A third of UK resellers are in more debt than they ever have been due to rising interest rates, according to commercial analyst Plimsoll.
However, rising rates could well be a timely wake-up call to resellers, claimed David Pattison, senior analyst at Plimsoll.
“Many resellers have been enticed by low interest rates and the lure of easy debt secured on rapidly rising property prices and have therefore been able to cover up flaws in their business strategies – effectively buying time. There is just enough time left for these firms to look seriously at their balance sheets and change direction,” he said.
Plimsoll has a track record of spotting the warning signs for businesses. Nearly nine out of 10 failed companies in the UK had earned a “danger” or “caution” rating from Plimsoll in the two years before their demise.
“Evidence suggest rates will go up again, so resellers need to carefully consider their exposure and monitor their debt levels. Those with no debt can breathe easy, but those with a certain level of debt should keep it in check,” said Pattison.
Plimsoll’s research also revealed a potential slowdown in acquisition activity among VARs.
“Rising rates should slow down the pace of acquisitions in the channel,” Pattison said. “While this is unlikely to affect deals already on the table, companies with some money in the bank will probably leave it there, in the shorter term at least. This may be bad news for the smaller firms hoping to sell out to the bigger players, but it is good news for those fearing a hostile takeover.”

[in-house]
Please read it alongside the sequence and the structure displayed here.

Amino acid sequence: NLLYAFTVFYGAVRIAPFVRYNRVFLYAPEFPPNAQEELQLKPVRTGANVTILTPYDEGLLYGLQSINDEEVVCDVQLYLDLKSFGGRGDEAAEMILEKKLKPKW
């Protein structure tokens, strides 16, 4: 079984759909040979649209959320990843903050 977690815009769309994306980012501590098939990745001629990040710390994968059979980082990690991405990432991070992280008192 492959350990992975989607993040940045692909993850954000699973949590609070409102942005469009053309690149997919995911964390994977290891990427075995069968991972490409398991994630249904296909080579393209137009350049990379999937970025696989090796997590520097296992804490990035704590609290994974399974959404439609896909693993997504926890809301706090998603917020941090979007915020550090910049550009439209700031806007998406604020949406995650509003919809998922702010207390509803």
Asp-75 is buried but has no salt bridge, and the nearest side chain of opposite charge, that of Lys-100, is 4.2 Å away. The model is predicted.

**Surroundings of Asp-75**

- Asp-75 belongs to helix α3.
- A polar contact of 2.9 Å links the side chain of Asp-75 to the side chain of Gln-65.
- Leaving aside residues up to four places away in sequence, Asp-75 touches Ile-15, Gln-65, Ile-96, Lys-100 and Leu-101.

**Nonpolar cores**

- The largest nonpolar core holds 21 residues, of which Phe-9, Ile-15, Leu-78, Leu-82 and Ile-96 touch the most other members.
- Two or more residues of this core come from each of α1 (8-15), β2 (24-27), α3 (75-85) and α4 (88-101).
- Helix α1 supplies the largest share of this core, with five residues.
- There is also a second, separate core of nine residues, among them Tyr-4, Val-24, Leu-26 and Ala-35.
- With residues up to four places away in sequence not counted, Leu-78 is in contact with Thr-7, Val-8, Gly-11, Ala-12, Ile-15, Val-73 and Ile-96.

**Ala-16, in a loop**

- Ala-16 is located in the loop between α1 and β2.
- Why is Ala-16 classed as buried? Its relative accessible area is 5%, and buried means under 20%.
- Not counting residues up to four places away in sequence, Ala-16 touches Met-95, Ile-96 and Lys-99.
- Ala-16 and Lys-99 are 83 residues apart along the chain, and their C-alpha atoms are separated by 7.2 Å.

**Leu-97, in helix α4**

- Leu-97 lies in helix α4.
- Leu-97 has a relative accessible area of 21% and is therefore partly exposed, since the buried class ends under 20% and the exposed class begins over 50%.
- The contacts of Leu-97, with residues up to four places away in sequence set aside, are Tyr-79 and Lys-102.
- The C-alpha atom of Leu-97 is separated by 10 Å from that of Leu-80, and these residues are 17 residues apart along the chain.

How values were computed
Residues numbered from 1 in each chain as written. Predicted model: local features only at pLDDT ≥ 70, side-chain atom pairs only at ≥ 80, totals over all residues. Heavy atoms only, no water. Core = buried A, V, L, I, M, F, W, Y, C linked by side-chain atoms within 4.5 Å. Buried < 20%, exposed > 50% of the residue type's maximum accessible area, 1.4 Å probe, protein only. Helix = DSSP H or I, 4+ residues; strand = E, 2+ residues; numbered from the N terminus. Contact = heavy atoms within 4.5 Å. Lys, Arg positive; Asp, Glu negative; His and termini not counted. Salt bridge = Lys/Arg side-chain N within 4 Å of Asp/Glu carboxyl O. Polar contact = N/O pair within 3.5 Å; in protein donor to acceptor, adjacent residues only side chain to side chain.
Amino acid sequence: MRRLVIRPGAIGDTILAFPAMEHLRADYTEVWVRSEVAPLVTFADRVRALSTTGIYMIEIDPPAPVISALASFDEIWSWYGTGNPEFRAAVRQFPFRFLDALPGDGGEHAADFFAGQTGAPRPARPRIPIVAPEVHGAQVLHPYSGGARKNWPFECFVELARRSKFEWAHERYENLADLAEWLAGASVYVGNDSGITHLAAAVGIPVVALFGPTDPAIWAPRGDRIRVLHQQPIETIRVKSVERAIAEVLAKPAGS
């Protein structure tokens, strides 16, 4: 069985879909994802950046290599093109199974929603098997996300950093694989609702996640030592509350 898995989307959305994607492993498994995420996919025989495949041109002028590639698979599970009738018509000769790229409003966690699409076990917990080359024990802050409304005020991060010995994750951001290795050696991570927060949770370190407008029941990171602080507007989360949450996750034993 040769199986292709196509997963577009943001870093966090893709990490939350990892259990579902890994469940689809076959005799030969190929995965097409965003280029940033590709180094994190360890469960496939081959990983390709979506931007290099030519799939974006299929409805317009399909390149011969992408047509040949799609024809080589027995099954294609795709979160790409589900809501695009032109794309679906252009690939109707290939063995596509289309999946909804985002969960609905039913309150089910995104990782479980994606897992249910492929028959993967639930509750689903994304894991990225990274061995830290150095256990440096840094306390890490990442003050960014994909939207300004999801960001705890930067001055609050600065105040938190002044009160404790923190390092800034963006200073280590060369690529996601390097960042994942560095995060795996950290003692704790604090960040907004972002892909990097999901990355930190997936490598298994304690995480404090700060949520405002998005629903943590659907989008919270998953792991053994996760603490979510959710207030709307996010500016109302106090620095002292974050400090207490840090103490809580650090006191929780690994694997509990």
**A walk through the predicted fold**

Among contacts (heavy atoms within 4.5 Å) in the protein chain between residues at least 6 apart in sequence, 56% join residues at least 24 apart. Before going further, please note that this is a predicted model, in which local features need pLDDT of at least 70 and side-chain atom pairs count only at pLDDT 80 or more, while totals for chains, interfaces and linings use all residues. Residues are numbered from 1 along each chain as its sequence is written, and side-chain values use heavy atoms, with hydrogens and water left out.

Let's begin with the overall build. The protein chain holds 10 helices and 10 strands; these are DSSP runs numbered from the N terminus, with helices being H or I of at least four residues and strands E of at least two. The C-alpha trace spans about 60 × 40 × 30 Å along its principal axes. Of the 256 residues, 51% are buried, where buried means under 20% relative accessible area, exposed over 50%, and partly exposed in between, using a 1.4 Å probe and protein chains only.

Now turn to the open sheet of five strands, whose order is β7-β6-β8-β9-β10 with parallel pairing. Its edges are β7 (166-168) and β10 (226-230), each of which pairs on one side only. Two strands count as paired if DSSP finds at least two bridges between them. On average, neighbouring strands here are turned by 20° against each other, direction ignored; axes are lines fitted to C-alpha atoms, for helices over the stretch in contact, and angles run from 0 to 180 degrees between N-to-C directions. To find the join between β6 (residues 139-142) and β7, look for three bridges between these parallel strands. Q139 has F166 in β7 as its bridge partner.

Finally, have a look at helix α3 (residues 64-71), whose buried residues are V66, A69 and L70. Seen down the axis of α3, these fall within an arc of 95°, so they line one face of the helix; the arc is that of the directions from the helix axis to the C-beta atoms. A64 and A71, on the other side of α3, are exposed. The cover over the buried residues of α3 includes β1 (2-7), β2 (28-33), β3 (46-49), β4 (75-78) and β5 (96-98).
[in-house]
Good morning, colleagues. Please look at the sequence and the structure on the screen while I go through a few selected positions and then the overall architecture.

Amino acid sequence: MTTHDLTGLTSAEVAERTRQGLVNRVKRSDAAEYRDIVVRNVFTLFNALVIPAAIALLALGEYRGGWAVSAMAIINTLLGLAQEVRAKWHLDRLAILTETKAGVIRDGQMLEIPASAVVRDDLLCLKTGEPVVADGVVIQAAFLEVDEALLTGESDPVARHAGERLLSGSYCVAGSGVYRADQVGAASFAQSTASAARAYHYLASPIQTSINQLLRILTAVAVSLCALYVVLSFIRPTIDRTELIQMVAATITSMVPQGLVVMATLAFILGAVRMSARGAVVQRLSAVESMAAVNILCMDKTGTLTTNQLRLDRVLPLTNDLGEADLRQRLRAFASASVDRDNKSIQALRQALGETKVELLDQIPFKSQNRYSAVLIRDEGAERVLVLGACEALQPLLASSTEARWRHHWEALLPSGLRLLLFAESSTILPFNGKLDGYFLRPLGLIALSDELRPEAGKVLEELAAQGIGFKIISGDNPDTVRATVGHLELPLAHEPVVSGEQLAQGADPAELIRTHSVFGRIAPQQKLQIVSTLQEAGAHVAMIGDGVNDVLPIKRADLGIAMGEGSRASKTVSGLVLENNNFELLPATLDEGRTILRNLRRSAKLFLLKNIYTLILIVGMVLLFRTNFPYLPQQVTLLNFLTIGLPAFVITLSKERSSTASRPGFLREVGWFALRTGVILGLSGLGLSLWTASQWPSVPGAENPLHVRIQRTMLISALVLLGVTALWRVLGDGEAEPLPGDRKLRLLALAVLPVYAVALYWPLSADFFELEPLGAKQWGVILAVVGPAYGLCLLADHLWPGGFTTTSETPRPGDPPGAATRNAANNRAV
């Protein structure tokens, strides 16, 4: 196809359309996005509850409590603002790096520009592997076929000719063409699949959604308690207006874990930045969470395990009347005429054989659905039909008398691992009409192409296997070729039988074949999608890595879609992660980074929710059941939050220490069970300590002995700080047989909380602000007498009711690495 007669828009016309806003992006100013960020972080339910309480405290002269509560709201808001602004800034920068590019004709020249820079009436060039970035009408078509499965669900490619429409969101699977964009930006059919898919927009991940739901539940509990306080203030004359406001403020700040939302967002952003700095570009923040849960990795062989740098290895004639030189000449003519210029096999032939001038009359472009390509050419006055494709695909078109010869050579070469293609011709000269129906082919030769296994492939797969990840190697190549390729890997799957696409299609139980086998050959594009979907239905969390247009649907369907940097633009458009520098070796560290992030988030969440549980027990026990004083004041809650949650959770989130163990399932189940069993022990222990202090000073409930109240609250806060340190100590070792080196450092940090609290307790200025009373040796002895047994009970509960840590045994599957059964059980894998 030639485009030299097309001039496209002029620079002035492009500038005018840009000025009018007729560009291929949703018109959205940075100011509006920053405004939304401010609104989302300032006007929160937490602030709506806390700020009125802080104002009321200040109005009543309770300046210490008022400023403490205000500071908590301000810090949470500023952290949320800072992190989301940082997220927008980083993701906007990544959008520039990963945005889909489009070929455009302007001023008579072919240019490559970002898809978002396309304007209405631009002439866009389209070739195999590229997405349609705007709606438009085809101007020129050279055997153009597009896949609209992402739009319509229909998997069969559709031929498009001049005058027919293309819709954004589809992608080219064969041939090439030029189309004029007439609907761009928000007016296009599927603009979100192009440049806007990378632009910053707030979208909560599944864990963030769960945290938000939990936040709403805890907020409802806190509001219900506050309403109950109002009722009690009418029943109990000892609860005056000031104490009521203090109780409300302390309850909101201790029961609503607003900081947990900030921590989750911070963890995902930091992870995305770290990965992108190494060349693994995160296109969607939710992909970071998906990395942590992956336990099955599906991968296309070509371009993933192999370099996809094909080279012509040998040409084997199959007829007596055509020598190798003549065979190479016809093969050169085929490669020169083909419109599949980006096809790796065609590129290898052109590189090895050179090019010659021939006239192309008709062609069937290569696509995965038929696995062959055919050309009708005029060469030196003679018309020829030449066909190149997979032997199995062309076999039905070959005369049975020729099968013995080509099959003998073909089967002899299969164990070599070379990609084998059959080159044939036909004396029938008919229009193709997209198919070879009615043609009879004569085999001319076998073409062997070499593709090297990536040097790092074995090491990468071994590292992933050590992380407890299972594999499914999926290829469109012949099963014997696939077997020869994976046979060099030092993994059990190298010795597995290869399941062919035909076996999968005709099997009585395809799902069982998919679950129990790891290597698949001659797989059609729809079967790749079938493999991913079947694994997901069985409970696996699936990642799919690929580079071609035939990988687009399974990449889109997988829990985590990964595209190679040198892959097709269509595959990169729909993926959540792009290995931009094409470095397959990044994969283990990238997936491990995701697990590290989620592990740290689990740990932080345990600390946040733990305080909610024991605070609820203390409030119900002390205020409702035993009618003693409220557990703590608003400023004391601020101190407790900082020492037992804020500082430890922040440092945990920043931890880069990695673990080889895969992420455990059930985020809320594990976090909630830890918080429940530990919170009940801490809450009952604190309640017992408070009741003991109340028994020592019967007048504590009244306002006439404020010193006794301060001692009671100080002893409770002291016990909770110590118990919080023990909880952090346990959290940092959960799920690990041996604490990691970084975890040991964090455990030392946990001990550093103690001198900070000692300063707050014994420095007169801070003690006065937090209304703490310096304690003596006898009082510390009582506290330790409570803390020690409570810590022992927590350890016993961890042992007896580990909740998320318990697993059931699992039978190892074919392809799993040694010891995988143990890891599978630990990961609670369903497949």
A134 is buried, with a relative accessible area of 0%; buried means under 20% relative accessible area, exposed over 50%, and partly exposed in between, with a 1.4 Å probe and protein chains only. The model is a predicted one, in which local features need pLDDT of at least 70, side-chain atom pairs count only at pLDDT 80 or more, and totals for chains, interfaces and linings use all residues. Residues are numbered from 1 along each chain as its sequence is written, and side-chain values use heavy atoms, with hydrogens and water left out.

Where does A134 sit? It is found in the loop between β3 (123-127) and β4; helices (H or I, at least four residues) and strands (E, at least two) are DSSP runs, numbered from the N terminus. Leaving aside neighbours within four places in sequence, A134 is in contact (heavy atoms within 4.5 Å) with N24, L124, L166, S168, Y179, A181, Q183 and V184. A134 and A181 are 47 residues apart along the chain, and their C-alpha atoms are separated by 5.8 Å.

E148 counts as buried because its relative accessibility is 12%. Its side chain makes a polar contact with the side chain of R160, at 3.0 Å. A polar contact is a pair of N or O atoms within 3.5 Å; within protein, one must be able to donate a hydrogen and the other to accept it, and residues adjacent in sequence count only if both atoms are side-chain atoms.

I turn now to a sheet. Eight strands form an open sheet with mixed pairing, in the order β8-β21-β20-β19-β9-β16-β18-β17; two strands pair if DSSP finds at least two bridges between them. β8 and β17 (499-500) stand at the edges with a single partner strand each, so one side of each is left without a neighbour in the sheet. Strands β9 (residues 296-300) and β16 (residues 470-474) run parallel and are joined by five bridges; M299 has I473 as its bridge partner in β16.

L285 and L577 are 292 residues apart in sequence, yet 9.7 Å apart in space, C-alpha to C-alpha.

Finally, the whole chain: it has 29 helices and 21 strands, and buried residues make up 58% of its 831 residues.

However, telecoms VAR Chess, which last week completed its 21st acquisition, disagreed. Richard Btesh, corporate finance director at Chess, told CRN: “Where there is mass consolidation, such as in the telecoms space, rising rates will not slow down acquisition activity – it certainly will not slow Chess down.
“An acquisition that is right when the economy is at five per cent is also good at a seven or eight per cent rate,” he said. “Deals should not come off the table simply as a result of interest rate rises, all that would happen is the deal structure would be changed.”
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